It seems like something a Maryland resident might see in a movie, but police have arrested and accused a young man of working with a suspected robber to steal from a tobacco shop. What makes this story of armed robbery so interesting, however, is that police also believe the young man was held at gunpoint by an individual who they say walked out of the shop with an undisclosed amount of money. This alleged deception of the store clerk and police calls into question just whether police have the evidence to charge the young man with theft by taking and armed robbery.
We have said over and over again how serious sex crimes can be and that even the smallest accusation can have horrendous consequences on a Maryland resident's career, personal life or living situation. Because of this, it is absolutely essential that Montgomery County police only arrest and prosecutors only charge someone with a sexual assault when there is sufficient evidence. Anyone who believes that he or she has been unfairly targeted of a sex crimes case should work with his or her attorney to clear his or her name and attempt to rebuild a life shattered by an accusation.
Everyone in Montgomery County is entitled to a basic set of rights, even if they have been charged with a crime. One such protection is the right to an impartial jury trial, as laid out in the Sixth Amendment. Without this fundamental right, there would be no point in presuming a Maryland suspect is innocent until proven guilty. When a case has gotten so much public attention that it is impossible for the defense and prosecution to find an unbiased jury, courts will allow the case to change venues to a more suitable location. Some prosecutors, however, will fight tooth-and-nail to keep a trial in a potentially biased district.
Our Maryland readers have learned in previous postings, of the importance of following the letter of the law. During an arrest, police procedures must be followed precisely. During a trial, existing law is used to determine innocence or guilt.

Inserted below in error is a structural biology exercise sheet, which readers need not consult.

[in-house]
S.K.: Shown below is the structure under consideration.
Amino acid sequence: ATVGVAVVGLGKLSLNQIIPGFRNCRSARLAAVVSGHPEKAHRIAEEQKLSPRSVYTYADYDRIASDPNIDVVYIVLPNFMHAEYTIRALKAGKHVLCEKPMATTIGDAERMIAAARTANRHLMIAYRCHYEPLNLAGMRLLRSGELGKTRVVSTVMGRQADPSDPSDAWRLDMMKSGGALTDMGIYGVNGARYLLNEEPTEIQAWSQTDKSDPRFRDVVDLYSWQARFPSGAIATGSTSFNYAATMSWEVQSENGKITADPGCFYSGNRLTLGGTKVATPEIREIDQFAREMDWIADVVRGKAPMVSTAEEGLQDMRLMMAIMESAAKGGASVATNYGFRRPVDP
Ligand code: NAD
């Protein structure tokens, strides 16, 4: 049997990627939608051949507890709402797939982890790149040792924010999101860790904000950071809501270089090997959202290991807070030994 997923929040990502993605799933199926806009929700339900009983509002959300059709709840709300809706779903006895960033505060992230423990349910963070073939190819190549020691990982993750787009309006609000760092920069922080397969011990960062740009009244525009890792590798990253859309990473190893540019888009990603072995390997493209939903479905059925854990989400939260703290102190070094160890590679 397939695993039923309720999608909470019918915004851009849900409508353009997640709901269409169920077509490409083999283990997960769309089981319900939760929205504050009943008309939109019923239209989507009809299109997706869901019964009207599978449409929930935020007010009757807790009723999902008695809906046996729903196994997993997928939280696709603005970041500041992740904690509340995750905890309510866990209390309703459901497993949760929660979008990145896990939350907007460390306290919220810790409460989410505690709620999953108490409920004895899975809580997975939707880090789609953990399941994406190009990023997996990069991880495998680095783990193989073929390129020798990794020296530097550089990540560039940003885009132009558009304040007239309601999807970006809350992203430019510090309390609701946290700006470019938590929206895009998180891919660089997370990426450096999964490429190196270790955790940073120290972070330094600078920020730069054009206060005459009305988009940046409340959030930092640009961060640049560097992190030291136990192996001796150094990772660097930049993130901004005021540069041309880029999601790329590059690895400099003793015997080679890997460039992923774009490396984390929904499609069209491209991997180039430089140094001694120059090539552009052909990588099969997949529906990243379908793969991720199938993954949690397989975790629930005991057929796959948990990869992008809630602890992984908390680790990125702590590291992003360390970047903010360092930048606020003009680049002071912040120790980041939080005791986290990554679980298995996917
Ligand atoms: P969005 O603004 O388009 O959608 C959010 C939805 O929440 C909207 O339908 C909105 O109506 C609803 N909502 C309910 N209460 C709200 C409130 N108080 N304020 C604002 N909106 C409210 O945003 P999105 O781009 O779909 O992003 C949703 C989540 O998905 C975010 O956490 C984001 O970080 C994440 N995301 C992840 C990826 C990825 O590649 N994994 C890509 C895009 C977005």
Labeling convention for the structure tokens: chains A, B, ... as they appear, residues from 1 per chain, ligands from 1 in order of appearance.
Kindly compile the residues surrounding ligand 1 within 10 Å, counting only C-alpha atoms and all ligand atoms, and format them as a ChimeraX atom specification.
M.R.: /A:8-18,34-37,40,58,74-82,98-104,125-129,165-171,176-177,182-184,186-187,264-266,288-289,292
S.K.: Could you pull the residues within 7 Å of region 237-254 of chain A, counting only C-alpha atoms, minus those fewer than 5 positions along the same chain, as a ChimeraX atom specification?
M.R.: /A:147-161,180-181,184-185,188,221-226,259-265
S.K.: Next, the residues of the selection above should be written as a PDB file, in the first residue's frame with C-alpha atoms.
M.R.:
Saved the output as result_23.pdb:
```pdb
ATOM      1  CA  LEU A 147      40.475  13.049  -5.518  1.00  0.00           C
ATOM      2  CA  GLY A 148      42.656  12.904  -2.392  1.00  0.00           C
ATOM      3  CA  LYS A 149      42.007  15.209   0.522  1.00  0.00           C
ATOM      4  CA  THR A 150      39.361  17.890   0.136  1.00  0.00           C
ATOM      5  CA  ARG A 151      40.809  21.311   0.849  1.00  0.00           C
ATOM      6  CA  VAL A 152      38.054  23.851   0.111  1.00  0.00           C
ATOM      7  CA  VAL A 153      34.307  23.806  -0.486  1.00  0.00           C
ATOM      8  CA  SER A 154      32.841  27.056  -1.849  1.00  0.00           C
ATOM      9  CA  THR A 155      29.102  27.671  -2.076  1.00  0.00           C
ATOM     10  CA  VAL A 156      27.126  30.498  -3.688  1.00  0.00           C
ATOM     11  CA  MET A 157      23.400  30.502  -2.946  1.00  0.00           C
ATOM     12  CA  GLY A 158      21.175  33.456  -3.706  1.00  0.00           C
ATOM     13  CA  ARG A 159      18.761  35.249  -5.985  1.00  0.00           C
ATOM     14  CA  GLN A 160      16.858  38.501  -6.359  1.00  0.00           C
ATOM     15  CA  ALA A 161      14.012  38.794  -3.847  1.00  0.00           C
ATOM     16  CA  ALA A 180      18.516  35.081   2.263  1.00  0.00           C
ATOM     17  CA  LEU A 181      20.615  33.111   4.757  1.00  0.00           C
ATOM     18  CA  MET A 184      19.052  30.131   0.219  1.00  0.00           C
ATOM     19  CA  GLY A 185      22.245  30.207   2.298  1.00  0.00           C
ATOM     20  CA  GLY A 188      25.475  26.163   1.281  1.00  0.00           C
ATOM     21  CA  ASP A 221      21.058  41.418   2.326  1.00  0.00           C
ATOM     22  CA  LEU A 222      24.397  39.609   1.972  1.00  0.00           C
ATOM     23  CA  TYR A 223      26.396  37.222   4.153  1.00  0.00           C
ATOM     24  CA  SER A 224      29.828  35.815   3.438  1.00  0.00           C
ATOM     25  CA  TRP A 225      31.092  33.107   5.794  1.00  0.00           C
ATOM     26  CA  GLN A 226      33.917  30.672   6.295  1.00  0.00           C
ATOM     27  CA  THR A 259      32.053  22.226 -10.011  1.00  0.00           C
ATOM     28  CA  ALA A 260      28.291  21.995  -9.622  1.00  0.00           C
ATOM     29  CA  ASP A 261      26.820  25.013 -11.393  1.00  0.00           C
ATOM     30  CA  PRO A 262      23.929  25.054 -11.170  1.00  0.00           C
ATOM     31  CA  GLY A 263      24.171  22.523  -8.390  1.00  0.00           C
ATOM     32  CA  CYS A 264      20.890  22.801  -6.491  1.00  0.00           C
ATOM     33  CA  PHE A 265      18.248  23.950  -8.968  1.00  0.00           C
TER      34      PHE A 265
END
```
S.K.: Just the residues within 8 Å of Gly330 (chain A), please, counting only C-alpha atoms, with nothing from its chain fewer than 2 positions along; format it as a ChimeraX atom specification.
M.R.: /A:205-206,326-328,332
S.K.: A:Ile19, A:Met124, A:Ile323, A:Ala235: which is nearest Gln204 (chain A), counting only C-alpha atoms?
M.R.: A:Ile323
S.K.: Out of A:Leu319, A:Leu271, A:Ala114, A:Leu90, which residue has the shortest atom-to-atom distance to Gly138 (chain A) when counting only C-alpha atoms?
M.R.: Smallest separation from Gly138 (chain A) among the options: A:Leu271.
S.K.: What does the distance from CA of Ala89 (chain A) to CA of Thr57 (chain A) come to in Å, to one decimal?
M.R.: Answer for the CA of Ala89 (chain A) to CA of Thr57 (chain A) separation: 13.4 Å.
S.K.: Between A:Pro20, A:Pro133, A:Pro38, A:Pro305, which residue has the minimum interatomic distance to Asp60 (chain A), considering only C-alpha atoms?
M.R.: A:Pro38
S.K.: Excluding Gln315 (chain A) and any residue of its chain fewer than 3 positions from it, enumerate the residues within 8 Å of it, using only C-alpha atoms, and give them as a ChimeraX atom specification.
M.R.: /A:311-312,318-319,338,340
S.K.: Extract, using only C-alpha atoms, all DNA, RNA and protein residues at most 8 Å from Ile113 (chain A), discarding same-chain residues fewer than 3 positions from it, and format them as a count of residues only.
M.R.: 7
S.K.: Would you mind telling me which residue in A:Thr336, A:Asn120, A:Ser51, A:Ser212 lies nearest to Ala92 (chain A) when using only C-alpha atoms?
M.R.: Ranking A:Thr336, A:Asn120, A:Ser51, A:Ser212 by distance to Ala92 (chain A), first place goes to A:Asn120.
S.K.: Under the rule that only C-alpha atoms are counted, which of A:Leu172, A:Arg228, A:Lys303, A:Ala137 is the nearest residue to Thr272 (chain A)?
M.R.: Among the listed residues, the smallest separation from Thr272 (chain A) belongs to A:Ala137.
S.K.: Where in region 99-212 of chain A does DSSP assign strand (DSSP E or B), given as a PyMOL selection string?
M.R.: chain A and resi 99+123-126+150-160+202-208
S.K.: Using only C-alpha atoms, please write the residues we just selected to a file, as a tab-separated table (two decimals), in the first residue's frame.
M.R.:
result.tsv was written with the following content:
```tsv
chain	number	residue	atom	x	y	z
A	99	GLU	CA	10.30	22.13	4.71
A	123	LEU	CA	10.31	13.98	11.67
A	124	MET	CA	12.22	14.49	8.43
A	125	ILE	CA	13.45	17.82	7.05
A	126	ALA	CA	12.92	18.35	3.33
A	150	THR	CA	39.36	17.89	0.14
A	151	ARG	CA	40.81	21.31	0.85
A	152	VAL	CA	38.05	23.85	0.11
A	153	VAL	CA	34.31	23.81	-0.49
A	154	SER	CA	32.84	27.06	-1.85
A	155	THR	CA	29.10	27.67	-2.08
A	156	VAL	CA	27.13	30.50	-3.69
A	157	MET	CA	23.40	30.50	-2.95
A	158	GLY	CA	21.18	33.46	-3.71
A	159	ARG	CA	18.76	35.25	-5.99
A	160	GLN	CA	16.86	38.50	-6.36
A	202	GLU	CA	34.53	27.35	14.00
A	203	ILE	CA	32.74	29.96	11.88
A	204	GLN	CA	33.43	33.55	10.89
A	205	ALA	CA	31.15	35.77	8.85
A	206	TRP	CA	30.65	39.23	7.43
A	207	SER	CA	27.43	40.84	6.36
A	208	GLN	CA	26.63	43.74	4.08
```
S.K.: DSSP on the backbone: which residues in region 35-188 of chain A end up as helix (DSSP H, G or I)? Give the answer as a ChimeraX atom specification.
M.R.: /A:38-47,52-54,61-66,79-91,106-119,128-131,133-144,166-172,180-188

It is a cornerstone of the American legal system that someone is presumed innocent until proven beyond a reasonable doubt that he or she is guilty. One of the ways that the courts protect this right is by only trying someone in front of an unbiased and impartial jury. Trying to defend against a criminal charge in front of anything less puts a suspect in an extremely difficult and dangerous position. A former member of the Taliban's recent extradition to the United States and conviction of serious drug charges in Washington, D.C., calls into question whether he truly had an unbiased and impartial jury.
For Marylanders accused of sexual assault, rape or statutory rape, there is a huge fear that they will be sent to prison for the rest of their lives. There are, however, alternative programs that are sometimes available for those convicted of a sex crime, including civil commitment. Although Maryland doesn't have a civil commitment system, the example of other states may call into question whether such a program would actually benefit the men and women convicted of sex crimes.
Washington, D.C., is the seat of federal law, but it is also gathering a lot of criticism for the way the local legal system is handling cases of suspected driving while impaired and driving under the influence. After it was discovered that the District's Breathalyzers were not properly calibrated and that people who had been convicted of drunk driving may not have been intoxicated, police have removed the Breathalyzer program altogether, leaving drivers vulnerable to a "broken system."
Nearly all Marylanders are familiar with what a pharmacist does -- he or she fills prescriptions. It is often impossible for an individual pharmacist or a large pharmacy with many pharmacists to recognize when a physician is writing a suspiciously high number of prescriptions. That has not stopped the federal government, however, from accusing certain pharmacies and medication distributers of being involved in what federal agencies are calling a nationwide problem with prescription drug abuse.
For people convicted of non-violent crimes in Maryland it often makes more sense to provide an alternative to prison. Luckily, alternative sentencing strategies are gaining widespread support throughout the nation, resulting in the first drop in the American prison population since the early 1970s. These programs can benefit those accused of relatively minor crimes, such as shoplifting or drug use.
There are certain rights that every American can claim, rights that protect everyone. One of those rights, a right that is so fundamental to the American criminal law system that it colors how police do their jobs, is the right against unreasonable search and seizure. In order to ensure that no one is humiliated or embarrassed in a criminal investigation, police must follow strict rules regarding searches, rules that many people in Maryland and Washington, D.C., might expect school officials to follow as well. Sadly, in one school's quest to keep the school drug-free, it seems as if a vice-principal has crossed the line between reasonable and unreasonable search.